Silicon to Solar: Semiconductor Technology for Renewable Energy
Sherin, CSP, Brian
Global demand for fossil fuels continues to rise as the global economy continues to expand and populations grow. Fossil fuels (e.g., oil, natural gas, and coal) pose several significant challenges, including climate change, local air pollution/health impact, fire safety, economic impact, and geopolitical turmoil. In the U.S., the Department of Energy says fossil fuels accounted for 85.8% of the nation's energy in 2005. After several false starts over the past 30 years, it appears that alternative, renewal energy sources are beginning to gain some traction, although they only currently account for 6% of the U.S. total. While no one energy source is likely going to be able to replace fossil fuel usage, one technology can be used to directly generate electricity – photovoltaics. Given the similarities in materials and processes between traditional microelectronics and photovoltaic manufacturing, several semiconductor industry companies have begun to move into the industry (Applied Materials, Kyocera, Sharp, Cypress Semiconductor, etc.). Photovoltaic materials include silicon compounds, as well as compound semiconductor materials such as copper indium diselenide (CIS), copper indium gallium diselenide (CGS), gallium arsenide (GaAs) and cadmium telluride (CdTe). The life cycle of photovoltaic materials will pose many similar environmental, safety and health (ESH) issues as seen in the semiconductor industry, as well as some new ones. This paper will present an overview of global energy issues pushing the entry of the semiconductor industry into this related industry, an overview of the manufacturing process, and the ESH (toxic gases, fire safety, etc.) and life cycle issues (e.g., sustainability, product takeback/recycling, etc) associated with the processes and materials.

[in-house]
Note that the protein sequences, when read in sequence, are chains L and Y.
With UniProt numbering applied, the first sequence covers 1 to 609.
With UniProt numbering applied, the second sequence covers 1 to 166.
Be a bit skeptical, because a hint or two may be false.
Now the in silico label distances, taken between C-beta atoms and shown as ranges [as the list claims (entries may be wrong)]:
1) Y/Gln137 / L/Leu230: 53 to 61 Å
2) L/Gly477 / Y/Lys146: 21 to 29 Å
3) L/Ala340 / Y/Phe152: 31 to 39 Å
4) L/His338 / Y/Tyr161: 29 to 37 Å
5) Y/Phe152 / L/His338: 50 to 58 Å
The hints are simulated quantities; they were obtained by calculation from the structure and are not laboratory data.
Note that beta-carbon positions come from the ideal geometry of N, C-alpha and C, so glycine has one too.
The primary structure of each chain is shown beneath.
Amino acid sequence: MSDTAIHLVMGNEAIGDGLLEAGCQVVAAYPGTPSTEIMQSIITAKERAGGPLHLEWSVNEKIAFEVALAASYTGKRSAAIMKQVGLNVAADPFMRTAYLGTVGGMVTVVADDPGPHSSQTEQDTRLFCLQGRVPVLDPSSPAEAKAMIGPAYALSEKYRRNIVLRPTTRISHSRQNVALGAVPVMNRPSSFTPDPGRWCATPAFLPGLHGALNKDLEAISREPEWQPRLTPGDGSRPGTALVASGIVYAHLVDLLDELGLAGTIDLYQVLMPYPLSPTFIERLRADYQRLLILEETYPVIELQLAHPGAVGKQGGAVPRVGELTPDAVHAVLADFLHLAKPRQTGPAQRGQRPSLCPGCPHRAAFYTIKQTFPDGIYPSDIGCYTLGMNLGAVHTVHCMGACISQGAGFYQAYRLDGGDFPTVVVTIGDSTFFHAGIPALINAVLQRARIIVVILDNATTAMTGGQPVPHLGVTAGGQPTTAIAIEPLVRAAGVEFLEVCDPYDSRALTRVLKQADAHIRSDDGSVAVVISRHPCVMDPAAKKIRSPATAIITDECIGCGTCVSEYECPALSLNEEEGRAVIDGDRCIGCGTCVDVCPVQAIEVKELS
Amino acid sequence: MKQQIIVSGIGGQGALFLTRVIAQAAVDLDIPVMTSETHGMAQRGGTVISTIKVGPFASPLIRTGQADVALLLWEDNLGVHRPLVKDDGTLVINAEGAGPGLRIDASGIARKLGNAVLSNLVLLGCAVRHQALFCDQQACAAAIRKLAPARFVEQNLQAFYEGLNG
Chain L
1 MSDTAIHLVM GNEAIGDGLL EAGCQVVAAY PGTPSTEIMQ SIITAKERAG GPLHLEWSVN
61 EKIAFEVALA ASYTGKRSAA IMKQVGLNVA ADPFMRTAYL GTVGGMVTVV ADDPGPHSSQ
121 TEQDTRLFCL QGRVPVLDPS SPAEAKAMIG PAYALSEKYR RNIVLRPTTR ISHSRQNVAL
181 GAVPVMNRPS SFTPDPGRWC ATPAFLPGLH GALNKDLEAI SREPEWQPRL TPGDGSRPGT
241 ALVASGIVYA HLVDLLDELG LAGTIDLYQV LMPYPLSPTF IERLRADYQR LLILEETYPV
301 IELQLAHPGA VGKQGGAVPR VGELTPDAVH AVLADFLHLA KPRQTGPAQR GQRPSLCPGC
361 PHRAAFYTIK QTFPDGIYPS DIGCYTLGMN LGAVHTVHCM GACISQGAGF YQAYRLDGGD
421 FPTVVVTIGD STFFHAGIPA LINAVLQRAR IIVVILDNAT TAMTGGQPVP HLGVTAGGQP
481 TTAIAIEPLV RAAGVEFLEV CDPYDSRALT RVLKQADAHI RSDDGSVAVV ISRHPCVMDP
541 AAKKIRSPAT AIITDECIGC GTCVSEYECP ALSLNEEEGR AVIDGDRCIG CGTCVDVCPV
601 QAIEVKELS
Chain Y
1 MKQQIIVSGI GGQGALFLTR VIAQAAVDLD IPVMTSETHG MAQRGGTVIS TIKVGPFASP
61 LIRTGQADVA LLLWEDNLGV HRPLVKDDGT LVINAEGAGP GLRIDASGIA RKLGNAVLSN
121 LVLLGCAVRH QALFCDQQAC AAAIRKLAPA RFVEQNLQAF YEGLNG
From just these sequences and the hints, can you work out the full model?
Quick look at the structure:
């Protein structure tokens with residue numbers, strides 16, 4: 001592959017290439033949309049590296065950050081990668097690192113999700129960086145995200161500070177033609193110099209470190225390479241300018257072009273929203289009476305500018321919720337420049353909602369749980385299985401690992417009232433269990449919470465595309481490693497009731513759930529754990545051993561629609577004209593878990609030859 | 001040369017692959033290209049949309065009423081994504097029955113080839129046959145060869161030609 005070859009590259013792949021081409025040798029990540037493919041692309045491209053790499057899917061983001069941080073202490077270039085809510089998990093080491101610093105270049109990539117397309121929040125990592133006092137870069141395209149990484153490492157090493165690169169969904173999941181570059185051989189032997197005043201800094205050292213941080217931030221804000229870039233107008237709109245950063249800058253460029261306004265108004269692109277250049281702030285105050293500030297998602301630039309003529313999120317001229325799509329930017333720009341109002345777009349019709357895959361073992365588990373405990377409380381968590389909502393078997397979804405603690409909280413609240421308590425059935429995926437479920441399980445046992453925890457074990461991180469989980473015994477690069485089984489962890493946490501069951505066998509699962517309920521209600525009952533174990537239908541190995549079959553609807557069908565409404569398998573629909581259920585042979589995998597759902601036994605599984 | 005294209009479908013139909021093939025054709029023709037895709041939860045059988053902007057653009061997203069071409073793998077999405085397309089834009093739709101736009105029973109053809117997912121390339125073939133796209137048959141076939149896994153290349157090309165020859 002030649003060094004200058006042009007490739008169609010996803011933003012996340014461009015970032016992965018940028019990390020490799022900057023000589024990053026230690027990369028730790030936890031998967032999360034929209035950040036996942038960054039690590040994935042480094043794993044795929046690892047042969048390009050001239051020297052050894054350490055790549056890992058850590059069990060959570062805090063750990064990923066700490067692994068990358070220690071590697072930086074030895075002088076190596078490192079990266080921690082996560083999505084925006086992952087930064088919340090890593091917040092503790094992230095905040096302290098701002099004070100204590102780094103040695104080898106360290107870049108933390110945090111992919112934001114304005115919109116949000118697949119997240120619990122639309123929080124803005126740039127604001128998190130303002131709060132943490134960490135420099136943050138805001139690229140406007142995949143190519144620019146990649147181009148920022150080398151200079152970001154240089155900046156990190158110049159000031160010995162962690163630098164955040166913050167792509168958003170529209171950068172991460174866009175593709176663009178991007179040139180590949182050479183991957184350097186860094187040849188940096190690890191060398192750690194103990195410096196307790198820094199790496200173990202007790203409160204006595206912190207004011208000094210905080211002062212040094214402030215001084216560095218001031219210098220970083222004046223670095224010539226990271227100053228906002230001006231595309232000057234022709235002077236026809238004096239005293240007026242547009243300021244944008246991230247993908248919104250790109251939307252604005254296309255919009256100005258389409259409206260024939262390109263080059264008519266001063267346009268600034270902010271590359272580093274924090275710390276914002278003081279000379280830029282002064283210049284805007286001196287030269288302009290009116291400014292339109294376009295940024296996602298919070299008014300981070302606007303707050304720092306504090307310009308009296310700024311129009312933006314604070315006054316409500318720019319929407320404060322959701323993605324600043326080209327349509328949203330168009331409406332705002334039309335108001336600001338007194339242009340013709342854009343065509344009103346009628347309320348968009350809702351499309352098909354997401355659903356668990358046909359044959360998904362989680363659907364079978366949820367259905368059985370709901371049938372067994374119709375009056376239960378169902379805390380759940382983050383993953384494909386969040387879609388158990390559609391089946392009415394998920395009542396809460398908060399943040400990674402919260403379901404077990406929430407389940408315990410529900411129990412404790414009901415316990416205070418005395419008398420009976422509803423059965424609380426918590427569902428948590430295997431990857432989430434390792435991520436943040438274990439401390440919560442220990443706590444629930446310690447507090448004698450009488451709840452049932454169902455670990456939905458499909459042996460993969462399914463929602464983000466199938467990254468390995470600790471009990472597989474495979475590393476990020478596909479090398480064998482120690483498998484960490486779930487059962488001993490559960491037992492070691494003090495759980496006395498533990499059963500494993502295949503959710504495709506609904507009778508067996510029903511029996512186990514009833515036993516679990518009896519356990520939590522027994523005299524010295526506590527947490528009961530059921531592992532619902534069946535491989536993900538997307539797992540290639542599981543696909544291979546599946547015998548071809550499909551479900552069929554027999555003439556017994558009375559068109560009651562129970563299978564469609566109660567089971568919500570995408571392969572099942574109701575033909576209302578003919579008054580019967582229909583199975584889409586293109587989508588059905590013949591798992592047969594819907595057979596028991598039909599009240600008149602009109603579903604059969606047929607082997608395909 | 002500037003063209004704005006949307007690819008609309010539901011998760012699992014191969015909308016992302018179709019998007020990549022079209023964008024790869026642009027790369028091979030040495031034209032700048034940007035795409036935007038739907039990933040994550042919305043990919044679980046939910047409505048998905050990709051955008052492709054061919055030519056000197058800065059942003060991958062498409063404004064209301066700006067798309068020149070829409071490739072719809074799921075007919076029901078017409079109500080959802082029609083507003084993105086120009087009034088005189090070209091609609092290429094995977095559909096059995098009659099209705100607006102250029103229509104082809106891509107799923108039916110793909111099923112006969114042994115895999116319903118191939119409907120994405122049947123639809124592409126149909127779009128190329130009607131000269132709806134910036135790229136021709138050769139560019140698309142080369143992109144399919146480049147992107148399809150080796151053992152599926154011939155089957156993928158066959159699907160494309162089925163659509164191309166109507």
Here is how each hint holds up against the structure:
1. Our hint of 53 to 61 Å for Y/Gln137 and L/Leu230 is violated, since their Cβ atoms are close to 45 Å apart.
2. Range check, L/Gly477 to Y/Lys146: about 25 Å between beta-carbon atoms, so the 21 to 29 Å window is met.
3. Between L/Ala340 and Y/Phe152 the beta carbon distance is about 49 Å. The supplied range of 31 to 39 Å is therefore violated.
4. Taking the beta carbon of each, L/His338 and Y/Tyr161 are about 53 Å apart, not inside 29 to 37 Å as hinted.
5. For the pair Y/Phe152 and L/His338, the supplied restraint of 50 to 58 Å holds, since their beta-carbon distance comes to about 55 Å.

[abstract as .pdf]